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Why Does the New York Times Still Publish Casey Mulligan?

The Economic Costs of the Fact That Obama Believes He Is Lucky

David Leonhardt:

A Mission Not Yet Accomplished - Economic Scene: For the second straight year, the recovery seems to be at risk of stalling. The economy grew at an annual rate of only 1.8 percent last quarter — eerily similar to the 1.7 percent growth last spring, just when job growth started slowing down. Fully 80 percent of people say the economy is in fairly bad or very bad shape, according to a New York Times/CBS Poll last month. More people say it’s getting worse than getting better, the opposite of a few months ago. White House advisers and Ben Bernanke, the Federal Reserve chairman, argue that the bad news is a merely a blip caused by bad weather, a temporary cut in military purchases and other one-time factors. They may be right, too. Stock market investors certainly share their optimism: the Standard & Poor’s 500 index is near a postrecession high. But both Wall Street and Washington were also optimistic around this time last year — too optimistic. The unfortunate truth is that the recoveries from financial crises have a habit of disappointing.

Crises do so much damage that they leave businesses and households predisposed to believe the worst and to pull back at the first hint of economic weakness. Households are slow to resume spending. Banks are slow to lend, especially to small businesses. Companies are slow to hire. All this is why the typical financial crisis has caused unemployment to rise for almost five years.... If it stalls out for a second year in a row, the consequences could be particularly bad. The specter of a “lost decade,” like Japan’s, would become commonplace.... I suspect that Mr. Obama’s advisers have remained publicly optimistic over the last few months because they consider optimism to be one of the few economic tools they have left. The sensible step for Congress would be to pair long-term deficit reduction with a mix of short-term tax cuts and aid to states, whose budget cuts are leading to layoffs. But Congress hasn’t shown itself capable of separating the short term and long term. So the odds of new legislation to help the economy anytime soon are roughly nil.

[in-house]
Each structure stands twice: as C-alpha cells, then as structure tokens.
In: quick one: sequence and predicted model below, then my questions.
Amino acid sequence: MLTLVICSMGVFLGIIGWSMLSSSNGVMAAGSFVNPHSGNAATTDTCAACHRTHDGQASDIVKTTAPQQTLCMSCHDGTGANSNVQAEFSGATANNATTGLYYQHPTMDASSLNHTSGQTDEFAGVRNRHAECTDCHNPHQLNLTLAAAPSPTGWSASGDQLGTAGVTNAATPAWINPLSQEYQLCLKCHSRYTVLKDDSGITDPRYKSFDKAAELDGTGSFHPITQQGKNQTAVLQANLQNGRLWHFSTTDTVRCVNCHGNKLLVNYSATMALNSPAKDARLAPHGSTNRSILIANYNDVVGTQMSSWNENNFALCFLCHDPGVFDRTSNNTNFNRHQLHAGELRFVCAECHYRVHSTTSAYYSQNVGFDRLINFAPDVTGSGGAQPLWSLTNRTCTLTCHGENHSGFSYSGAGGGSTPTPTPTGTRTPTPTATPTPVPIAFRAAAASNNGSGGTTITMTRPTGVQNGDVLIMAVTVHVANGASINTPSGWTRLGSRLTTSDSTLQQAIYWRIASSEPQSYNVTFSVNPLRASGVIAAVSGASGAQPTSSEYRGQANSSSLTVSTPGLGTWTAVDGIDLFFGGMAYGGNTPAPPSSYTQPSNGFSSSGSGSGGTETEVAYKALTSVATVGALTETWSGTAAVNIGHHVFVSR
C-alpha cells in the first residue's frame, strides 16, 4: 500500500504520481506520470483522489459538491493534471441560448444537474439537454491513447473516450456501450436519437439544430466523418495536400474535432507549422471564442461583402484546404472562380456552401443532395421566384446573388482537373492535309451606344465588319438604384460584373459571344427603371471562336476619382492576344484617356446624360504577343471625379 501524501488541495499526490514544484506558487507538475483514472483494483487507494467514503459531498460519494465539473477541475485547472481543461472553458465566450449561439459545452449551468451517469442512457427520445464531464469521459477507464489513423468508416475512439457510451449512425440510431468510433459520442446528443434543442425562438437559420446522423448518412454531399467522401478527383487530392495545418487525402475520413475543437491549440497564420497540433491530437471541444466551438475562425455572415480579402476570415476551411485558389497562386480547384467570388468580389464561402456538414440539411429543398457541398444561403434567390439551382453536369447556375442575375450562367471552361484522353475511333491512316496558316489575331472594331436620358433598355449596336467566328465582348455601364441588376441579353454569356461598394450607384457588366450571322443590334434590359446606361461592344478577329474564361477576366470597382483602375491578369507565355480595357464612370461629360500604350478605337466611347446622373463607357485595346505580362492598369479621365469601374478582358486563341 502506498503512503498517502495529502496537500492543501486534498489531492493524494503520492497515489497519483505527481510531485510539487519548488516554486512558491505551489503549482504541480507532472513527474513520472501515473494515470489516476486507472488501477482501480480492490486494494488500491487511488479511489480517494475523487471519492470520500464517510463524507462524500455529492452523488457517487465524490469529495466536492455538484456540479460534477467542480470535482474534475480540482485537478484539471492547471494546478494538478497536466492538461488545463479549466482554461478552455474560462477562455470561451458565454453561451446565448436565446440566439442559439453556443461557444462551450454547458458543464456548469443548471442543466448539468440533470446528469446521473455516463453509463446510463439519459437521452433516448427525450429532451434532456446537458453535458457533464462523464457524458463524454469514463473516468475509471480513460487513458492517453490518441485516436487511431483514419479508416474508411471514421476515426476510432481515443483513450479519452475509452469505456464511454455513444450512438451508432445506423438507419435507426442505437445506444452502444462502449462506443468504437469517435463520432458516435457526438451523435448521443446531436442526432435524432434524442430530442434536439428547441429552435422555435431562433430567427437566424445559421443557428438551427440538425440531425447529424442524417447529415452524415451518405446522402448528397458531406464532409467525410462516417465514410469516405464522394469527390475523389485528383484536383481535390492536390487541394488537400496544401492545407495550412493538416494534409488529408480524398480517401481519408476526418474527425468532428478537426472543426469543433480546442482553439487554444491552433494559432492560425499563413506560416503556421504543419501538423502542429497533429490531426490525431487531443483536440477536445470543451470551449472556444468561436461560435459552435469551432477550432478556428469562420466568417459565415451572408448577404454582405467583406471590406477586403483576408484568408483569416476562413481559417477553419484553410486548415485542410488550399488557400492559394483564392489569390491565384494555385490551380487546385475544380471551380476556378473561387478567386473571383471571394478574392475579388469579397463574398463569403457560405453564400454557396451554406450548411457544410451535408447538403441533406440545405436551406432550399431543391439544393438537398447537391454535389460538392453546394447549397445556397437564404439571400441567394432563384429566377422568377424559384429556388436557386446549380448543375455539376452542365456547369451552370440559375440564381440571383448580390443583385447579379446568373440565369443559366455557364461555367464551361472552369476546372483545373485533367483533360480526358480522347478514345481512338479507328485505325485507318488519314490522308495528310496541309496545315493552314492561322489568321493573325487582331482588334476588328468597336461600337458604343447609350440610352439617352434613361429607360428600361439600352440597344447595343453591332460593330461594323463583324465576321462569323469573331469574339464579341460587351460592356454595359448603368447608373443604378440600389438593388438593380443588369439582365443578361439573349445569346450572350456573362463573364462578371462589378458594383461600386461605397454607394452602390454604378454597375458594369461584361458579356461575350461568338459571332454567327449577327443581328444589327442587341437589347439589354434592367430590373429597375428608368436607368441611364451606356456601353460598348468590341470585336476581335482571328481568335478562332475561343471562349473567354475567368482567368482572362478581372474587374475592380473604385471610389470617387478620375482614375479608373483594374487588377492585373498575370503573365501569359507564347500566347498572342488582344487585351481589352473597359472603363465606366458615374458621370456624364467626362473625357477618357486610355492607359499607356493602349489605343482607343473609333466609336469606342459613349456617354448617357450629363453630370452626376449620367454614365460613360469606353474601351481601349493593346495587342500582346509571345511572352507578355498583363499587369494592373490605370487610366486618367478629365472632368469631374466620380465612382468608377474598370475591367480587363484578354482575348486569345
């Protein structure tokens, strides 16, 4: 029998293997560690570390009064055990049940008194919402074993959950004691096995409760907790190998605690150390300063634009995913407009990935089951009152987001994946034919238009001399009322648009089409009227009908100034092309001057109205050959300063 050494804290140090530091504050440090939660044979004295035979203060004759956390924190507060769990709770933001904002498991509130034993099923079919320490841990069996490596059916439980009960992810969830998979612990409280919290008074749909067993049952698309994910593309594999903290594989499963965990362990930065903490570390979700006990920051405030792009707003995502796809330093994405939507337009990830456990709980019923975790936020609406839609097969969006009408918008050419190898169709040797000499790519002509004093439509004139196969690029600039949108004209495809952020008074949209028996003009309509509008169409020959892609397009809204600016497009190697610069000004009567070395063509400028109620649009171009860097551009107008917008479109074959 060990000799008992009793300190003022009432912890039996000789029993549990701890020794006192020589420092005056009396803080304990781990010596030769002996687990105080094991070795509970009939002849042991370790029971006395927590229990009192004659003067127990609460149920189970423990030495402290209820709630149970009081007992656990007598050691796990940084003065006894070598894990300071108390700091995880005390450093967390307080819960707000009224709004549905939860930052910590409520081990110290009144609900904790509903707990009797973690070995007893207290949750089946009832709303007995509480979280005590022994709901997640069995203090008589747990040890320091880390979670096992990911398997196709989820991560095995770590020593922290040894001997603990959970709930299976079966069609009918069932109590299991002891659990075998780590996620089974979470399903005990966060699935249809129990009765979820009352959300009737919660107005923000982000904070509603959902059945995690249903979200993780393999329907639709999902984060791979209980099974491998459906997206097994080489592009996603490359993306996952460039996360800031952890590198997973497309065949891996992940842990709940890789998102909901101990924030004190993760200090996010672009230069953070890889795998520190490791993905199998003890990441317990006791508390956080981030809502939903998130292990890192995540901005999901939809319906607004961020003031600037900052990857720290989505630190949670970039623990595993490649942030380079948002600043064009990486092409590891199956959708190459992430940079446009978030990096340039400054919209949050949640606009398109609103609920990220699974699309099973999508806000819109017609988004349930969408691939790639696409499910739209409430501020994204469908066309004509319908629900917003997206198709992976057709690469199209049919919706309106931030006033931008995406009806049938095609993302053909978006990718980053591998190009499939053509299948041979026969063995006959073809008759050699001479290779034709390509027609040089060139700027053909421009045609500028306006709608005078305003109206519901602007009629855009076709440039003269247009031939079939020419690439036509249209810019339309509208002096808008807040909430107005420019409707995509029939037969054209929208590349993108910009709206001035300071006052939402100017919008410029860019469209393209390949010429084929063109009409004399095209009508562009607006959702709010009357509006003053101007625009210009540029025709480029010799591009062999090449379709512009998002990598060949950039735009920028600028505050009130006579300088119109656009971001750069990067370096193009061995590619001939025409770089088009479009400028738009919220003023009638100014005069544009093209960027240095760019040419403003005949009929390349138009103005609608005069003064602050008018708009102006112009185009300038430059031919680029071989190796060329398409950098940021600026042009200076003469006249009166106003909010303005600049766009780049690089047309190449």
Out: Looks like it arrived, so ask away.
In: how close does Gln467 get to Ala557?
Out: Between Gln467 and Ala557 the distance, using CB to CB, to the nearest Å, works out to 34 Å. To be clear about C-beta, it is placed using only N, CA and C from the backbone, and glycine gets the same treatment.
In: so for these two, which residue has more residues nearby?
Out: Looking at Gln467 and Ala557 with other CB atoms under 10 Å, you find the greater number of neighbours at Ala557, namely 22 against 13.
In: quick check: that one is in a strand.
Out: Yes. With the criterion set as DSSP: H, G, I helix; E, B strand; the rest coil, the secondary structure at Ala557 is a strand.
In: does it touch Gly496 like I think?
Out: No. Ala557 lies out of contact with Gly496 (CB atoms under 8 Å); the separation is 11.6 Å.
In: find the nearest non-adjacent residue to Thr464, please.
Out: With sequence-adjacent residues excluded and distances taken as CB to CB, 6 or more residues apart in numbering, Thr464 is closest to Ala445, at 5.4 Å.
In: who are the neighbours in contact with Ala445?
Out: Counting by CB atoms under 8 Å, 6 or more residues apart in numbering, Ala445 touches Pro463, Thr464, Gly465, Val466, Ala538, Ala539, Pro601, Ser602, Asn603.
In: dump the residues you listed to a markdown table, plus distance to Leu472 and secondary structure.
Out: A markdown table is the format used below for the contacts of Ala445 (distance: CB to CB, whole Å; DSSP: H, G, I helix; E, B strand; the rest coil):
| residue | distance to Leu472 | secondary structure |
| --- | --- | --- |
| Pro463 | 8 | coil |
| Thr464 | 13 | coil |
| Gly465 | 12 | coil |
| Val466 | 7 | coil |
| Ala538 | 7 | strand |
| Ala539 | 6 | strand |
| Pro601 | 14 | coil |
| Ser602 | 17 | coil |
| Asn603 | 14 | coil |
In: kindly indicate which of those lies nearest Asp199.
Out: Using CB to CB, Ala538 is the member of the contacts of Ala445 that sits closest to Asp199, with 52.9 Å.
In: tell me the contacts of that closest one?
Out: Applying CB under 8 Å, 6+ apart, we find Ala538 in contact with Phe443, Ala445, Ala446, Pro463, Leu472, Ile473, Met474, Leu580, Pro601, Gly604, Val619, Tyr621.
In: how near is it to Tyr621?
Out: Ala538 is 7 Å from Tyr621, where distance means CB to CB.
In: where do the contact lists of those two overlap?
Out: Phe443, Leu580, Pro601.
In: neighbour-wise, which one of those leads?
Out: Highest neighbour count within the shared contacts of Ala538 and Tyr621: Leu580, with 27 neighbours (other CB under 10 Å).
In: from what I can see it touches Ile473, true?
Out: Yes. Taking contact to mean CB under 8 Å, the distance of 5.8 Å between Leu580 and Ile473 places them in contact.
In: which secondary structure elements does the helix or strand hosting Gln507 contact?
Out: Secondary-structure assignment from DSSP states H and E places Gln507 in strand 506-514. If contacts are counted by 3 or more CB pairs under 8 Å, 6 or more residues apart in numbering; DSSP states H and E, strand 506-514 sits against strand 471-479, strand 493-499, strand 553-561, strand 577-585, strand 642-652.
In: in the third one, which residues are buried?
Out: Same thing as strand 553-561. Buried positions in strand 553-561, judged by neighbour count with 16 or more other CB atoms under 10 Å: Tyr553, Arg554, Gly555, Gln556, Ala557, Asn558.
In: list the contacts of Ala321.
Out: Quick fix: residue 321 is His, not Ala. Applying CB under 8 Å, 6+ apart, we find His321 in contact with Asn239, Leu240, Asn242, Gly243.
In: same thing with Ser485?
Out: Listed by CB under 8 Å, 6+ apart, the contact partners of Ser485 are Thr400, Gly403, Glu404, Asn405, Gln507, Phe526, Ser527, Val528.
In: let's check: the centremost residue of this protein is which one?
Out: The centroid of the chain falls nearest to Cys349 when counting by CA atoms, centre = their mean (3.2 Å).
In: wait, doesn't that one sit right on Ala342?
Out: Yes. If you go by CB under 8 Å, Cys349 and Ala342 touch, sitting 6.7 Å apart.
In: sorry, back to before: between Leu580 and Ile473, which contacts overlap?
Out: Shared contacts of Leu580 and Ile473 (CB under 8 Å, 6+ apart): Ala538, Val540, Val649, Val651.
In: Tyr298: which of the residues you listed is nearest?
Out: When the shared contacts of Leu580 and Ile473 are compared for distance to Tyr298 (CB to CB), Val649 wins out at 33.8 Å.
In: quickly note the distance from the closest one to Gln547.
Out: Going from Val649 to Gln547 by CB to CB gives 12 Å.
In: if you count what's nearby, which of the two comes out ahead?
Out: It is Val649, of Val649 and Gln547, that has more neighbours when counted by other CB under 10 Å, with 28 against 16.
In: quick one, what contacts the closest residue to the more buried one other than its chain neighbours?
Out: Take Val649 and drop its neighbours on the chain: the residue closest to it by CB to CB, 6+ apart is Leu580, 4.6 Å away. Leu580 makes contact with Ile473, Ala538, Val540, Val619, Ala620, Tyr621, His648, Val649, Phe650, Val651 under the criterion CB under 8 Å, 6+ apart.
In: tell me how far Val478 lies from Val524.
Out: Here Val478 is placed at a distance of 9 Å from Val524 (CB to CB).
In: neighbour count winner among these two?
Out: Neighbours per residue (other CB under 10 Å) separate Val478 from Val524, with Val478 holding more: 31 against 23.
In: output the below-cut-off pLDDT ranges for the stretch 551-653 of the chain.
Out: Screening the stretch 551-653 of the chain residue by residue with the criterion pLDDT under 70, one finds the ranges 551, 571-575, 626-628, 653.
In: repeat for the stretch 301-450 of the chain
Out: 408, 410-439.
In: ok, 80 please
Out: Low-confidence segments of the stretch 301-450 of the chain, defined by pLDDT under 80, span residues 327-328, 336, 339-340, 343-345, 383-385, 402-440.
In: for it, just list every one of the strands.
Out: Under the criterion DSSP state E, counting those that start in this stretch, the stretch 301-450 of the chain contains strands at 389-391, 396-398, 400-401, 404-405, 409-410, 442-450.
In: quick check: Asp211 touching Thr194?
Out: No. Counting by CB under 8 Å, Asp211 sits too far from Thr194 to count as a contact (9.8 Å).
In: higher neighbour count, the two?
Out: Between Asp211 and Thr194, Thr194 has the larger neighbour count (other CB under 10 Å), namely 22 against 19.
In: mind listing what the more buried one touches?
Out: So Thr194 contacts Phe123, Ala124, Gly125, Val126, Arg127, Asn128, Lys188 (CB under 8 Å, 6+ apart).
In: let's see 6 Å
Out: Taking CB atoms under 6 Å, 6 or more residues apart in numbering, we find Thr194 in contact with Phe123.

Even so, there are still two steps the White House can take, and now is the time.... The first step is to remember the economy’s vulnerability when negotiating a deal over the debt ceiling.... [I]t would be folly to start making... cuts immediately and potentially put people out of work....

The second step.... At the end of this year, about $225 billion of temporary tax cuts and emergency jobless benefits are scheduled to expire.... Given the legitimate concern about the deficit, many members of Congress will want to let these temporary tax cuts lapse. But if the economy remains weak, continuing them for one more year will make sense. Their economic impact is not small. Moody’s Analytics estimated that the economy would have 1.1 million more jobs at the end of 2012 if the tax cuts and jobless benefits were extended. Yet their impact on the long-term debt is minimal. Tiny changes in Medicare could more than pay a one-time, $225 billion bill.

Somewhere — in the White House or in the halls of Congress — somebody should be coming up with a plan to sell an extension of these measures. Persuading a financially battered public that it deserves another short-term tax cut isn’t likely to be too difficult...